Markets Insight

June 4, 2014 4:59 am

Bet on tech pays off in China

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Investors seek way to play a rising consumer class in Asia

For more than a decade, savvy investors have been looking for ways to bet on the rise of a middle class in Asia. The speed with which consumption is growing is now accelerating, especially in China. A recent report from ANZ notes that annual consumption in China is $3.3tn, or the whole Japanese economy in purchasing power parity terms.

Middle class consumption used to mean investing in makers of baby clothes, sportswear, retailers and homebuilders. Now, for private equity groups such as Warburg Pincus, it increasingly means investing less in companies that make or build physical goods and more in virtual companies that connect consumers and merchants in the biggest Asian markets, especially China. Warburg’s shifting investment pattern underscores how dramatically the internet landscape is changing in the region.

In the past, most Asian internet companies were replicas of their western peers. No longer. Moreover, while India had a seemingly huge head start in IT, China has leapfrogged India and even the US in many ways.

Both the scale of the market and the speed with which that scale was built is especially breathtaking in China. That is partly because Chinese tech entrepreneurs have built their companies on mobile technology rather than technology based on personal computers. With money from local or international investors, these home grown companies are today compensating for the lack of physical infrastructure, and are exporting their models elsewhere.

Two Warburg investments, one in a Chinese online classified ad company and one in a comparable Indian company, say much about how mobile technology in the two Asian economies is transforming them, and illustrate how effectively such companies offer a way to play the rise of a consumer class in both.

Start with China, which has more than 600m internet users. “China is on its way to surpass the US and become the largest ecommerce market in the world,” according to data from ANZ bank. “Ecommerce transactions are projected to reach 540m users by 2015 and contribute 10 per cent of total global retail transactions.”

Warburg made its investment in the Chinese online classified ad company 58.com in December 2010, well before the group listed on the New York Stock Exchange in the autumn of 2013. 58.com, with 38 per cent market share, is the largest player in China. The classified advertising market in China, which was worth about $250m in 2012, is expected to be worth 10 times that in 2017, Morgan Stanley calculates.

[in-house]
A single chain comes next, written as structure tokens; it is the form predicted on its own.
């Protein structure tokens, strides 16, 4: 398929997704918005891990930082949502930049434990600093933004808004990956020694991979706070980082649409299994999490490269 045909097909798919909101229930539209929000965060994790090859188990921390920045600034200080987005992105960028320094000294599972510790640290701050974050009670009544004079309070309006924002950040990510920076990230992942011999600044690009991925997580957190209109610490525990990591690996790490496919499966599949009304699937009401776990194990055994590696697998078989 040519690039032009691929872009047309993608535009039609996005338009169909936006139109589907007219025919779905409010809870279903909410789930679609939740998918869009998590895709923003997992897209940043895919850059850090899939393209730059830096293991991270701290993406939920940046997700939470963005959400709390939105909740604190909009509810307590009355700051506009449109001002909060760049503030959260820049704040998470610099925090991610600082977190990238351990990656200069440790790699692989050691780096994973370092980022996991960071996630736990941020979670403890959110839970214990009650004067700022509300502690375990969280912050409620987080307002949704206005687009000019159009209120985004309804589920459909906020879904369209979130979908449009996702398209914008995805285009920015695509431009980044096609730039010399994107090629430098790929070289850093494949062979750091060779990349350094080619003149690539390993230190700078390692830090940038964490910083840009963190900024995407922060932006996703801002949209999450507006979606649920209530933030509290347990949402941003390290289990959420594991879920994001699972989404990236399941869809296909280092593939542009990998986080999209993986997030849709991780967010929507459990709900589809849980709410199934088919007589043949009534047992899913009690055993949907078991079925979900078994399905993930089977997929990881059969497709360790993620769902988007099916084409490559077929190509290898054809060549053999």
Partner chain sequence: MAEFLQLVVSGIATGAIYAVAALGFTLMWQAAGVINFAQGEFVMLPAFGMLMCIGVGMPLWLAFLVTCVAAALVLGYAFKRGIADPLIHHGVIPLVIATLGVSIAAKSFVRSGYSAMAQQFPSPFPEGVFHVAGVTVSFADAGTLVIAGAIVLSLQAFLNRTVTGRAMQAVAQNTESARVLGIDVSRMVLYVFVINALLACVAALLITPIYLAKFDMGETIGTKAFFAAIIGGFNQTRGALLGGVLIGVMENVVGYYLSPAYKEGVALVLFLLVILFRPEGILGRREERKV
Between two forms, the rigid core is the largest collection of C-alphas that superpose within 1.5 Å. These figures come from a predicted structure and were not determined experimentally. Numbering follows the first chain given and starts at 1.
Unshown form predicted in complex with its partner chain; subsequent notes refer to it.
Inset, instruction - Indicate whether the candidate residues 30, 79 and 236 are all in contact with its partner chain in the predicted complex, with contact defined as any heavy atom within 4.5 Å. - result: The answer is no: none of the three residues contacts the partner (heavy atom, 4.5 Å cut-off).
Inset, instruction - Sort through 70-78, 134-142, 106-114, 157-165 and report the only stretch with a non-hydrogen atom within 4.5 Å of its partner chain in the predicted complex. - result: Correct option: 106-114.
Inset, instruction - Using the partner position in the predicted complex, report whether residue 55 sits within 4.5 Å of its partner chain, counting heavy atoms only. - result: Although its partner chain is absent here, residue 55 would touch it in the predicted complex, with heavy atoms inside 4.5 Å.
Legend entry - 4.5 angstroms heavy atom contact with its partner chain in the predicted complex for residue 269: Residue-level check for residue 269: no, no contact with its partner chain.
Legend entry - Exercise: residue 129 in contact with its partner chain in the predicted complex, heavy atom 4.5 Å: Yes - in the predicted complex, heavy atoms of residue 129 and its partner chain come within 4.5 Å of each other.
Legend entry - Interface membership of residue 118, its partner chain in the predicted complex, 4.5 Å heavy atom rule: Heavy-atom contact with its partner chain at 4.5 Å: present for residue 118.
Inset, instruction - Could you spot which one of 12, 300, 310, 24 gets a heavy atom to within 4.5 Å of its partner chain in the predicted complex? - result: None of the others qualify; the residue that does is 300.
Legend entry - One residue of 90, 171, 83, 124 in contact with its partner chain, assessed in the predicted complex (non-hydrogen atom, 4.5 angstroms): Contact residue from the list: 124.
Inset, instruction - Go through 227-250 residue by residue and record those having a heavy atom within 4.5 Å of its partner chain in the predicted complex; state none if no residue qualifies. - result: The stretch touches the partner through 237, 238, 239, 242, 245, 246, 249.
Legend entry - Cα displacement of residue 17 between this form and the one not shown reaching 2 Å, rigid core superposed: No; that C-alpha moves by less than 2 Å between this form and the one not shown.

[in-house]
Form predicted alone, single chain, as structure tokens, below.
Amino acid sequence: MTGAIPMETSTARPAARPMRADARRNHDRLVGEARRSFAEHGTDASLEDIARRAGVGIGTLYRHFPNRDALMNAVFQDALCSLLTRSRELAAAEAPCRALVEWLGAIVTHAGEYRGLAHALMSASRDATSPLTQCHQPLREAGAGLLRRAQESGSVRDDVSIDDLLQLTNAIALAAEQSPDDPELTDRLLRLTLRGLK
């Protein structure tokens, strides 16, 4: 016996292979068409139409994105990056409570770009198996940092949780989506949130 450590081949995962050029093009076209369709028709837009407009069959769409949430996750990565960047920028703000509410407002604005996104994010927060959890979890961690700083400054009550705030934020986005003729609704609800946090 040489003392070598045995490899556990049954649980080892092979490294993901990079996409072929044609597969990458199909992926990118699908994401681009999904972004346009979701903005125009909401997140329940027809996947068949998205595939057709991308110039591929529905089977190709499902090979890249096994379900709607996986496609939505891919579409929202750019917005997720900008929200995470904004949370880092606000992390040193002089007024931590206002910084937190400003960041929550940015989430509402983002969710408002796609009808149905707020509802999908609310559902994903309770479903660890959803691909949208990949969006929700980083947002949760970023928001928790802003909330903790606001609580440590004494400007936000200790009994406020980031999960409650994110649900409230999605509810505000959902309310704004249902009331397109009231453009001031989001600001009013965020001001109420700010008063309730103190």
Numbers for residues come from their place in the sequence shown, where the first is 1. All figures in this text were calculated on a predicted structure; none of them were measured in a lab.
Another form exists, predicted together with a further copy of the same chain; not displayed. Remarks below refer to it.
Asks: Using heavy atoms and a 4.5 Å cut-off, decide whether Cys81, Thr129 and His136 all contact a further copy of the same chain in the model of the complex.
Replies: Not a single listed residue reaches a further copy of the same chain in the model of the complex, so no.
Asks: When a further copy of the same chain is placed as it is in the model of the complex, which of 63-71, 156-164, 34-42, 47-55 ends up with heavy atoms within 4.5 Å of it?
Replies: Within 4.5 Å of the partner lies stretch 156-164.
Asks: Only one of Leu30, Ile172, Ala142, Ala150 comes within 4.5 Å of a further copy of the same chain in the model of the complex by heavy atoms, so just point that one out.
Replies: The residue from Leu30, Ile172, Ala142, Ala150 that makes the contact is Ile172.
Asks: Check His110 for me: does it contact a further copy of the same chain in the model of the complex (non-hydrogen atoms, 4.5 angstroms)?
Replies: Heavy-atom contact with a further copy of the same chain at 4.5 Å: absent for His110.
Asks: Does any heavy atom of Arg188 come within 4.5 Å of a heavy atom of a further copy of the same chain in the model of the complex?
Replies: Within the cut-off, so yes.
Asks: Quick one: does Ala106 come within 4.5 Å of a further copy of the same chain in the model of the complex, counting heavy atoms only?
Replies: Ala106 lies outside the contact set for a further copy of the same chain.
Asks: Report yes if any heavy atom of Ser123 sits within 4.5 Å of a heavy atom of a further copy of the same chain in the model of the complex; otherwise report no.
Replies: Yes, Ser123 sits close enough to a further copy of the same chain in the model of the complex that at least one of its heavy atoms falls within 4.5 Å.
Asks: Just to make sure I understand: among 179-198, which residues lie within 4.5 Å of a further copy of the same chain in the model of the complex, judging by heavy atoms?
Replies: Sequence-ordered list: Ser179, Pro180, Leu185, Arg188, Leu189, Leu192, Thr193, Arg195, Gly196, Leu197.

The company carries ads for jobs, homes and big ticket items such as second hand cars, solicited from an army of sales people. Meanwhile, that last item – used cars – underscores how rapidly China is changing.

New car sales in China now outpace those in the US, which means for the first time there is a used car market on the mainland. And just in case you have drunk too much, there are ads from drivers willing to take the wheel of your car and drive you home. And of the 600m plus internet users in China, every month 58.com has 210m visiting its site.

India is far behind China but is even more dramatic in its own way, precisely because of the potential. Illustrating just how limited the physical infrastructure is in India, there are only 29m landline connections in the country and 15m broadband subscribers. But there are 886m mobile users and 40m of them have broadband connections.

And every month the number of smartphone users grows by 5m as the cost of a handset drops. Quikr, the online classified group in which Warburg invested in 2012, gets 30m visitors to its site every month, a small fraction of what China gets. But that is still double the monthly number two years ago.

Like most internet companies, “it is early in the monetisation process”, Warburg’s co-head of TMT, Mark Colodny, notes. That is, of course, the great question mark hanging over internet companies on both sides of the Pacific.

But investors live in a relative, not an absolute world. Goldman Sachs, for example, invested in Alibaba in the late 1990s and in Industrial and Commercial Bank of China a bit later. It sold out of Alibaba in 2004 and only a year ago sold out of its stake in ICBC.

Today, Alibaba’s Alipay unit has 180m users and is increasingly challenging the banks for savings. China Mobile’s texting revenues are being hurt by Tencent’s WeChat application, highlighting how the internet companies are marginalising the business of large state-owned enterprises.

Today, the Forbes billionaires list includes many property magnates and many tech tycoons. Next year, there will undoubtedly be fewer of the former and more of the latter.

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